In a world afflicted by pain and poverty, crisis and disaster, the people of Prestonwood Baptist Church are always ready to help, reaching out to those in deepest need. Some of those with the most critical need included orphans and children separated from their families during the immigration crisis that culminated during the summer.
This year, Prestonwood will spend $64,000 on immigration relief for people from the Rio Grande Valley to El Paso to Virginia. The funds include a $50,000 donation to the church from Ivanka Trump, the daughter of President Donald Trump.
Although the donation garnered much national attention, even before Ms. Trump decided to generously support our work, Executive Pastor Mike Buster said Prestonwood had already determined to respond to the immigration crisis.
“It’s part of our DNA as a church, and we consider it a calling to be the hands and feet of Jesus Christ to those in need,” he said. “We will continue to assist immigrants—whether they’re along the border or in our community.”
On June 19, Pastor Jack Graham tweeted: “We at Prestonwood are currently working to provide solutions to care for children during this terrible immigration crisis. Our (Prestonwood en Español) ministry led by Gilberto Corredera is stepping up to the challenge to express the love of Jesus. We are broken-hearted and determined to act.”
Ms. Trump saw the tweet and wanted to provide funds to assist Prestonwood in helping refugees.
“I’ve had the opportunity to meet with Ivanka Trump a number of times over the last year, and I’ve been struck by her kindness and concern for those in need,” Pastor Graham said at the time. “So, it wasn’t that surprising to know she would want to help these families. But I certainly never expected to hear from her after a simple tweet.”
Pastor Graham’s tweet and Ms. Trump’s donation occurred days before President Trump signed an executive order directing border security to keep families together during immigration processing.
While investigating where the greatest needs were, as many organizations were already helping at the border, Prestonwood began helping refugees in other regions.
In July, Prestonwood donated $15,000 for the purchase of backpacks, toiletries, school supplies and clothing to provide to more than 200 children (who entered the country unaccompanied) at the Youth for Tomorrow residential campus in Bristow, Va. The organization was founded by Hall of Fame football coach Joe Gibbs, a devout Christian.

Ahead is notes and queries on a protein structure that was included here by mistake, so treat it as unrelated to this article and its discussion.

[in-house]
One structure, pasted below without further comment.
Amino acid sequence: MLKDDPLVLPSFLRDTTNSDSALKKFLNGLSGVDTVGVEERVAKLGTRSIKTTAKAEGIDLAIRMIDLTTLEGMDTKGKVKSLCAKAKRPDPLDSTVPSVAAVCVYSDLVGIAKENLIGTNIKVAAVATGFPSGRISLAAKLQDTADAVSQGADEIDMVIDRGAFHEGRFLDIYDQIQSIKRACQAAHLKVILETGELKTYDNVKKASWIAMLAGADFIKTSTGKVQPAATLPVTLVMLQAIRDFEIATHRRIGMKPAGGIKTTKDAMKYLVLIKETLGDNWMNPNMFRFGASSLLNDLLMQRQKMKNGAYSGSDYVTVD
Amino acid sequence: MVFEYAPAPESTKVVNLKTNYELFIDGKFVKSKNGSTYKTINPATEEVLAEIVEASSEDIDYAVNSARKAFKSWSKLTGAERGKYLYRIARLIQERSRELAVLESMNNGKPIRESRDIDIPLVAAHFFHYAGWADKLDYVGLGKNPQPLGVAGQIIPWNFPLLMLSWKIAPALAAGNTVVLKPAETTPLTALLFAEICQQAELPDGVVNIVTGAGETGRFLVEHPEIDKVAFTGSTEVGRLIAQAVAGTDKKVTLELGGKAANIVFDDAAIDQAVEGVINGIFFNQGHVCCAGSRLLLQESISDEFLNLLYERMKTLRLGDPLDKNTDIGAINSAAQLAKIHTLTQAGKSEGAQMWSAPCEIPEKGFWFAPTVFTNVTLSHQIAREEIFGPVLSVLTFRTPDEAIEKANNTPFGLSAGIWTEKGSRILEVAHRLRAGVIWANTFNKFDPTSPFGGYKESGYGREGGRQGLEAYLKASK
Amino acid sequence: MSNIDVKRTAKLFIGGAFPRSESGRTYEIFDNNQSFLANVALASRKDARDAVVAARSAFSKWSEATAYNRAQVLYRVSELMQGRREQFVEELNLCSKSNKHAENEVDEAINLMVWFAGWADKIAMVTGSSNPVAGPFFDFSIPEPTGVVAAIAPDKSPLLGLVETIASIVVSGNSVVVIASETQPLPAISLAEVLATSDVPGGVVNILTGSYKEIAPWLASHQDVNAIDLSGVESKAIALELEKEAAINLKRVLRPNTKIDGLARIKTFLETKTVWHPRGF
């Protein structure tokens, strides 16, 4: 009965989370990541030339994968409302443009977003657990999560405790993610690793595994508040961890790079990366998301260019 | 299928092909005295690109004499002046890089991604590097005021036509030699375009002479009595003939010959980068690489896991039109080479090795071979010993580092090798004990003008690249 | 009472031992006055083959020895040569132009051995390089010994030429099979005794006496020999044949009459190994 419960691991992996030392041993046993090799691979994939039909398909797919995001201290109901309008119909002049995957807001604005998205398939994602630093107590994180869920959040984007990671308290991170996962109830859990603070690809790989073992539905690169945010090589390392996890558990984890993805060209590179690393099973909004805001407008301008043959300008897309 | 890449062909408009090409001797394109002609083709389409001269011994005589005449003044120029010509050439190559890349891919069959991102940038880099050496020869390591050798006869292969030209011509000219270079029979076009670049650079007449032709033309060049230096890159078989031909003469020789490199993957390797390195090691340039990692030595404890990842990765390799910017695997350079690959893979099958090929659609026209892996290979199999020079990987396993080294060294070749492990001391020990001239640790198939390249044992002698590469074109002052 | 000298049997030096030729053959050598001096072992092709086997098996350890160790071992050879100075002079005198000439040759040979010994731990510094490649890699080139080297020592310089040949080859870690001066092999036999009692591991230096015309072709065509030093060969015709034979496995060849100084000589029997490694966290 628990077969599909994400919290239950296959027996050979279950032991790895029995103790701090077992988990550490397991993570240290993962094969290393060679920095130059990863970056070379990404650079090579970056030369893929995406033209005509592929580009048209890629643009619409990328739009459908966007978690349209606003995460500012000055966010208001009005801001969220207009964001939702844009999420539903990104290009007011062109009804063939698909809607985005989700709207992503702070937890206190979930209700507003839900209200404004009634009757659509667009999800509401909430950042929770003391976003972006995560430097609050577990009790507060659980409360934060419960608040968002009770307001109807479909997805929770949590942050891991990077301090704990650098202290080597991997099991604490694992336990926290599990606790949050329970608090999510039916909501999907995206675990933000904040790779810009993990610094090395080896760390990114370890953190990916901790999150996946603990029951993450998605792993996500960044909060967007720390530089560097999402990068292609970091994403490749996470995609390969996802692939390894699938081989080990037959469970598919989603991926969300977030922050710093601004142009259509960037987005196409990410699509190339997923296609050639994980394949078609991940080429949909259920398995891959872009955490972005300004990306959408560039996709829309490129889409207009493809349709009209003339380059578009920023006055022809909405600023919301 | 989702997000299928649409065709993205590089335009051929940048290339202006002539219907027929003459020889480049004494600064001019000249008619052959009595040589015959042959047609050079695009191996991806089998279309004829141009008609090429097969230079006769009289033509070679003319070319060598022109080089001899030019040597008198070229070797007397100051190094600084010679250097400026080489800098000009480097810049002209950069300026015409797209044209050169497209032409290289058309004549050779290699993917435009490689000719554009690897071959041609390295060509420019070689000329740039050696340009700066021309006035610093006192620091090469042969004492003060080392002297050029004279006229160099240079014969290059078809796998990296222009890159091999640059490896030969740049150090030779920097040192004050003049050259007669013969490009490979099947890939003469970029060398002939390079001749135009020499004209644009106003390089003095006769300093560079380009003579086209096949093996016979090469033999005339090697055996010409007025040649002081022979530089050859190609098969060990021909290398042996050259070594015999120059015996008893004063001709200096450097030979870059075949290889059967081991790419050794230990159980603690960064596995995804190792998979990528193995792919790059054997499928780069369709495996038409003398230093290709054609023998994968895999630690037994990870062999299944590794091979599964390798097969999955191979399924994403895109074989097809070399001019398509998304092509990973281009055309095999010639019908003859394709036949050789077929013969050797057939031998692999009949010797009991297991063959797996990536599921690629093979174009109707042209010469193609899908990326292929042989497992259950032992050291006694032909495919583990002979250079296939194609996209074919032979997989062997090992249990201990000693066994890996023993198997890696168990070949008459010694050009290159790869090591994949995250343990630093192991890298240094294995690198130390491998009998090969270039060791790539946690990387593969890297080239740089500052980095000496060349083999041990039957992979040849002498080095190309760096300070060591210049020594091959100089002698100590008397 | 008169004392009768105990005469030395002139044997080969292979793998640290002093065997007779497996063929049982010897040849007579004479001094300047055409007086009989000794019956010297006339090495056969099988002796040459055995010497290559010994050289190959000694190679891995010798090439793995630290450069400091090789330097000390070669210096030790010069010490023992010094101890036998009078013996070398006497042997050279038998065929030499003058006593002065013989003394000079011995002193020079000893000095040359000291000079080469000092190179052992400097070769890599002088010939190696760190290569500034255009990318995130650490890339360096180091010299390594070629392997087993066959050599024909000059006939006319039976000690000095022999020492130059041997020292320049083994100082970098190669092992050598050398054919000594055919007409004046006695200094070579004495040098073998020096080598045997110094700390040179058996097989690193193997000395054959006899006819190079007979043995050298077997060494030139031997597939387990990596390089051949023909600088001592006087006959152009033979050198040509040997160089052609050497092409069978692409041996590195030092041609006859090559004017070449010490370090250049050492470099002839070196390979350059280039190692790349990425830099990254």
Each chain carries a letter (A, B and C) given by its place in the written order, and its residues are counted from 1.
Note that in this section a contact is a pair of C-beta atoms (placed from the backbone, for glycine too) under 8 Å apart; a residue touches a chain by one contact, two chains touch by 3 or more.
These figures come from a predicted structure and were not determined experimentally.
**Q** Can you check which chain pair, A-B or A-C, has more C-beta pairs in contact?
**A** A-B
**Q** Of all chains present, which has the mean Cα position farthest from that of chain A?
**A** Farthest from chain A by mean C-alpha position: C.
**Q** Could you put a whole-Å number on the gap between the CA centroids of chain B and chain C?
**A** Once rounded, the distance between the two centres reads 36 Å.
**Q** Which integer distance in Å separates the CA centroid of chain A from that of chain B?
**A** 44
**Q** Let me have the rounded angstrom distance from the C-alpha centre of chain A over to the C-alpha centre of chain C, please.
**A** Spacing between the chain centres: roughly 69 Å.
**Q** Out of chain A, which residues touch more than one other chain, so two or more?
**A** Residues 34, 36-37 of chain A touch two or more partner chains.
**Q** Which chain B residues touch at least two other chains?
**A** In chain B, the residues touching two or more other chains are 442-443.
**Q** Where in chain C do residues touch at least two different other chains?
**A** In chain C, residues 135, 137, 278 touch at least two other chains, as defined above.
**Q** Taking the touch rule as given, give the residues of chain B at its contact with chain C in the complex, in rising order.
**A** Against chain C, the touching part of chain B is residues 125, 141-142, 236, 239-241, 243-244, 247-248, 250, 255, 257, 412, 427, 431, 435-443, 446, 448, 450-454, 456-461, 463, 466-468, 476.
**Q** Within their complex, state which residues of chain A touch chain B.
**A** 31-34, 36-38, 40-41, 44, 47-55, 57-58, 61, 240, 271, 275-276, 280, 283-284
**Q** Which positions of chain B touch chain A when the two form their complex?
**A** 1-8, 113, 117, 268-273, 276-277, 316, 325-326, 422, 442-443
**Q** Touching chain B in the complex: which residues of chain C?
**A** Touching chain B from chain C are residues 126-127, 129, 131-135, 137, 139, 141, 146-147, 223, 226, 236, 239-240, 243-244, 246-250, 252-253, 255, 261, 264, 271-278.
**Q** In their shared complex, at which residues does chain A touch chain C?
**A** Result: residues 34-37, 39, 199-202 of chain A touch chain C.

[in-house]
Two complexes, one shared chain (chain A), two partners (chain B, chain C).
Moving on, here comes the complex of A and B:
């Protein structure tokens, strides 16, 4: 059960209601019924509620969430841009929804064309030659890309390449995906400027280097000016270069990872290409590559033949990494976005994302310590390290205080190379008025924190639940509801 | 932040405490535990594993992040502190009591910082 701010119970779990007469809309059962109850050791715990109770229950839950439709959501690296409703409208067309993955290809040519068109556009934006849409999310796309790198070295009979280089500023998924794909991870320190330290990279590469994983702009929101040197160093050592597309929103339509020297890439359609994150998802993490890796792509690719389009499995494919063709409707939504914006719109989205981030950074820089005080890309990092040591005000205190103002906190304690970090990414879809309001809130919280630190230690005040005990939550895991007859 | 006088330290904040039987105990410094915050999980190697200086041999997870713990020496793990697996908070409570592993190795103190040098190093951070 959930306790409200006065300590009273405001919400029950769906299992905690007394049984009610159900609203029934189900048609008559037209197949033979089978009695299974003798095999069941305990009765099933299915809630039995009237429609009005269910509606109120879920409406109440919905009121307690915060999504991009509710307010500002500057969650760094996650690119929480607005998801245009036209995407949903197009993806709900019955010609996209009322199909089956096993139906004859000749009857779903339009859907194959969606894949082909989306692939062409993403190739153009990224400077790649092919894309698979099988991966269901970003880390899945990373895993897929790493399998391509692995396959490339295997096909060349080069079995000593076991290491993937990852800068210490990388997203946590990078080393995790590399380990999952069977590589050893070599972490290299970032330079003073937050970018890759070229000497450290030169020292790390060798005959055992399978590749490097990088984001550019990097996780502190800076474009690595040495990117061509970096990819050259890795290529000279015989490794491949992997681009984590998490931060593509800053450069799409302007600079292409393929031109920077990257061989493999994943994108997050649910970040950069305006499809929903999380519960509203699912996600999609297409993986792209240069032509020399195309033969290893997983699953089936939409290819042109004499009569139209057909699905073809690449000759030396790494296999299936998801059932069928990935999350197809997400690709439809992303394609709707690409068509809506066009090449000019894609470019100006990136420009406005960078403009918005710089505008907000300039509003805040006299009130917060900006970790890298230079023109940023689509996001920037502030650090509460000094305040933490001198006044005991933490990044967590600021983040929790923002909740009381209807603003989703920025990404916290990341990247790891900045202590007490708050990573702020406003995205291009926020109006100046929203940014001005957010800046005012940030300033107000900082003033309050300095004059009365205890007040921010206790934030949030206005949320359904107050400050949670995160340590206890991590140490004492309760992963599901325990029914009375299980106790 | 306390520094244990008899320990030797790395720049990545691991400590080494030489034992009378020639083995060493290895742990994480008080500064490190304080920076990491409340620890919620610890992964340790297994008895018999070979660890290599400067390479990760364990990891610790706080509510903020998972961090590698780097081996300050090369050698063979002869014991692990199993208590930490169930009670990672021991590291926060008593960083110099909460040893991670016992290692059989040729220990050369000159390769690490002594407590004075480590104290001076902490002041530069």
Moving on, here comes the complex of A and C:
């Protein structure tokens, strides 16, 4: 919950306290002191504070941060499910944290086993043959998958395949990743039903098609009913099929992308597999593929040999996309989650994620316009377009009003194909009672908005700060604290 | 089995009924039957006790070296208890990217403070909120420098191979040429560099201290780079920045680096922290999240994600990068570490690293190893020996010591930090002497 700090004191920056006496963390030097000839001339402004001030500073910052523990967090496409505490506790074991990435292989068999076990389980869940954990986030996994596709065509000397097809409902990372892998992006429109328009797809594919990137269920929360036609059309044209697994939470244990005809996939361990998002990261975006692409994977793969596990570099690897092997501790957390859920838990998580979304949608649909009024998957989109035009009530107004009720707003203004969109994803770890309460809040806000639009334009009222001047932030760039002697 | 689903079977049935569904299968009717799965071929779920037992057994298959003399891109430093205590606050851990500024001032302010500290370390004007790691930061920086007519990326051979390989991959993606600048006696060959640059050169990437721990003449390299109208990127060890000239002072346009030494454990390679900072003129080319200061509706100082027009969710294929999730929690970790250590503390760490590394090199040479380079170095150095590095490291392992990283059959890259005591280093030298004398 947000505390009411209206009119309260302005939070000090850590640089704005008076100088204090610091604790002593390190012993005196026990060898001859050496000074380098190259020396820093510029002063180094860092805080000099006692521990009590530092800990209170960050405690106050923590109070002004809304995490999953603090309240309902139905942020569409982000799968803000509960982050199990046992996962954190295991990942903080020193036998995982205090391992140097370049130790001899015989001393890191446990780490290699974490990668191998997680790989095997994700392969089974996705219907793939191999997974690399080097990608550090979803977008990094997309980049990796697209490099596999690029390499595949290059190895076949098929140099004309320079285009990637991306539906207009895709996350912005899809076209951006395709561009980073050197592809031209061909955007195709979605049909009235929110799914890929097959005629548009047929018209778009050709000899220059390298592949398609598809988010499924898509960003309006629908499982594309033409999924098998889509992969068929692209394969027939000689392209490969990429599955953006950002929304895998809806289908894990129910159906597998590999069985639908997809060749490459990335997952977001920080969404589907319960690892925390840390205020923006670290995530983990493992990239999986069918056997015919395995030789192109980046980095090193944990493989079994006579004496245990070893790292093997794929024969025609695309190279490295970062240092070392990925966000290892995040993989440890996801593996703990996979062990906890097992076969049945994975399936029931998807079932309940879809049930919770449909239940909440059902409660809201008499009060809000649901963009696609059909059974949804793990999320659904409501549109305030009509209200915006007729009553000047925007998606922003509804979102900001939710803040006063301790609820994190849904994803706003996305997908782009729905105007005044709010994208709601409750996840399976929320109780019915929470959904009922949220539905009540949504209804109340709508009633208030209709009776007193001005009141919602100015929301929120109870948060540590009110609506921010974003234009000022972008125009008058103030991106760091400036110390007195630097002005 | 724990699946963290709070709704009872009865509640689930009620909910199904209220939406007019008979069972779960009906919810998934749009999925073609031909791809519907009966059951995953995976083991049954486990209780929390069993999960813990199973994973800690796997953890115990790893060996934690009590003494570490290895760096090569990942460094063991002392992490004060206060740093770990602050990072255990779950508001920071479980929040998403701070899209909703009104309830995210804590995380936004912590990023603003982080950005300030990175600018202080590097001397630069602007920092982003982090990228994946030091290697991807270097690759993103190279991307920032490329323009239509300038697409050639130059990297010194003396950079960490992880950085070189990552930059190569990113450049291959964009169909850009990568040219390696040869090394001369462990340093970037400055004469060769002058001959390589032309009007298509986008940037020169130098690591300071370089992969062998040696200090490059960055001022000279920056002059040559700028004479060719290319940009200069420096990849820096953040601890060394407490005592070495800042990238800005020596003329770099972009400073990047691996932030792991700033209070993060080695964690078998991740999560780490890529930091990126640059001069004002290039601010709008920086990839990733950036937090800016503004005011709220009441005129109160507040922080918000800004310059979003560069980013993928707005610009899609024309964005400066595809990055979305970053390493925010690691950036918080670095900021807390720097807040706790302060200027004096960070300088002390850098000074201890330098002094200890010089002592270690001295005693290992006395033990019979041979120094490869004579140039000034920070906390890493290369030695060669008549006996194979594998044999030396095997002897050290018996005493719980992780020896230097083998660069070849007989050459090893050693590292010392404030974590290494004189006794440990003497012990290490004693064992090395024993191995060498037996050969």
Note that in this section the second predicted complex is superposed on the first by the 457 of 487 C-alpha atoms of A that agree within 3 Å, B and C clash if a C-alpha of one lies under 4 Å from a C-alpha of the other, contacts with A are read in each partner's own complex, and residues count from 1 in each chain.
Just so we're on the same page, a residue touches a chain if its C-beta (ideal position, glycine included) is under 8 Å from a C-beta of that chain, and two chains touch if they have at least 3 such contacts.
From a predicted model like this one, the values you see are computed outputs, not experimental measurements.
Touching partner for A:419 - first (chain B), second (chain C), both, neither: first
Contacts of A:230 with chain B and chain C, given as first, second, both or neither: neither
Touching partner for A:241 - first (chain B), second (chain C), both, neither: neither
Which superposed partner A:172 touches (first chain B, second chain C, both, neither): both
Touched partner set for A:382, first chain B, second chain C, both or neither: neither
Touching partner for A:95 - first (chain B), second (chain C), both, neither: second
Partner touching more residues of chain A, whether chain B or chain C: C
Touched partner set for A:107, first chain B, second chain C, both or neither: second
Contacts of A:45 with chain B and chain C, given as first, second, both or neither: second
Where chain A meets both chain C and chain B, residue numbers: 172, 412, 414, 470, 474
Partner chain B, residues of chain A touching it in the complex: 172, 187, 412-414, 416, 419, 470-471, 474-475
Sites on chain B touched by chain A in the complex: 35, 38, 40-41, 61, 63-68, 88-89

Pastor Graham joined other evangelical leaders at the facility in July in serving lunch for the children and distributing backpacks and other items.
“You see the smiles on the kids’ faces and already their lives are turning around; it is clear,” Pastor told The Christian Post.
Also in July, Children’s Ministry leaders, adult volunteers and students on the Preteen Mission Trip served immigrants near El Paso.
Our Prestonwood KIDZ and families hosted three Vacation Bible Schools in partnership with First Baptist Church, El Paso.
“We served in food pantries and food closets that were preparing for a large influx of refugees,” said Minister of Children Diana Pendley.
Prestonwood earmarked another $5,000 for this ministry, including $3,000 for Bibles and various resources to help refugee children. The Preteen team also hosted a reconnection dinner and party for families when migrant children were released back to their parents.
Later in the summer, Minister of Missions Mike Beeson and Prestonwood en Español Pastor Gilberto Corredera made several trips to the Rio Grande Valley to connect with outreach ministries. In all, Prestonwood donated $34,000 to provide clothing and other critical need items to some 2,500 immigrants in the Valley.
In all, Prestonwood donated $34,000 to provide clothing and other critical need items to some 2,500 immigrants in the Valley.
Prestonwood is working with a church in the Valley that ministers to a shelter housing 1,500 boys, ages 12 to 17 years, Gilberto said.
“So we’re providing resources through this program,” he said. “We’re providing blankets, hoodies and clothes.”
Prestonwood is also providing resources for another shelter in the Rio Grande Valley.
“It holds people that ICE (Immigration and Customs Enforcement) releases,” Gilberto said. “We provided some food, clothing, shampoo and other items, for people waiting in these places.”
Another $10,000 was recently allocated to distribute to ministries in the Valley this Christmas.
“We’re packing again for another trip to the Valley,” Gilberto said, “loading the Prestonwood Cares truck with 20 pallets of supplies to make this Christmas brighter.”
Mike Beeson said partners who have been working with the church identified some critical needs for both minors and adults, particularly unaccompanied minors.
“A lot of the needs immediately made sense,” Mike said. “They were winter items, mostly, so when you read the list and thought about the thousands of people who have been disrupted and left their homes and found themselves on the border, you knew what they needed. These guys don’t have anything. They need hoodies, gloves, beanie caps.”
But people responded quickly with all sorts of donations, he said.
“There were lots of donations of $10 here and $20 there from all sorts of people,” he said, “and we were able to jump into action. The bigger issue is what happens after the holidays, in January, February, March and April. We forget that the needs don’t stop on the 31st of December.”
Pastor Graham envisions Prestonwood ministering to the least of these as long as the need continues.
“I’m so proud to serve at a church known for its love and care for Dallas, for Texas, for the United States and for the world. All of this, of course, begins with our love for Jesus Christ.”
Published: Dec. 13, 2018
Author: Michael Young
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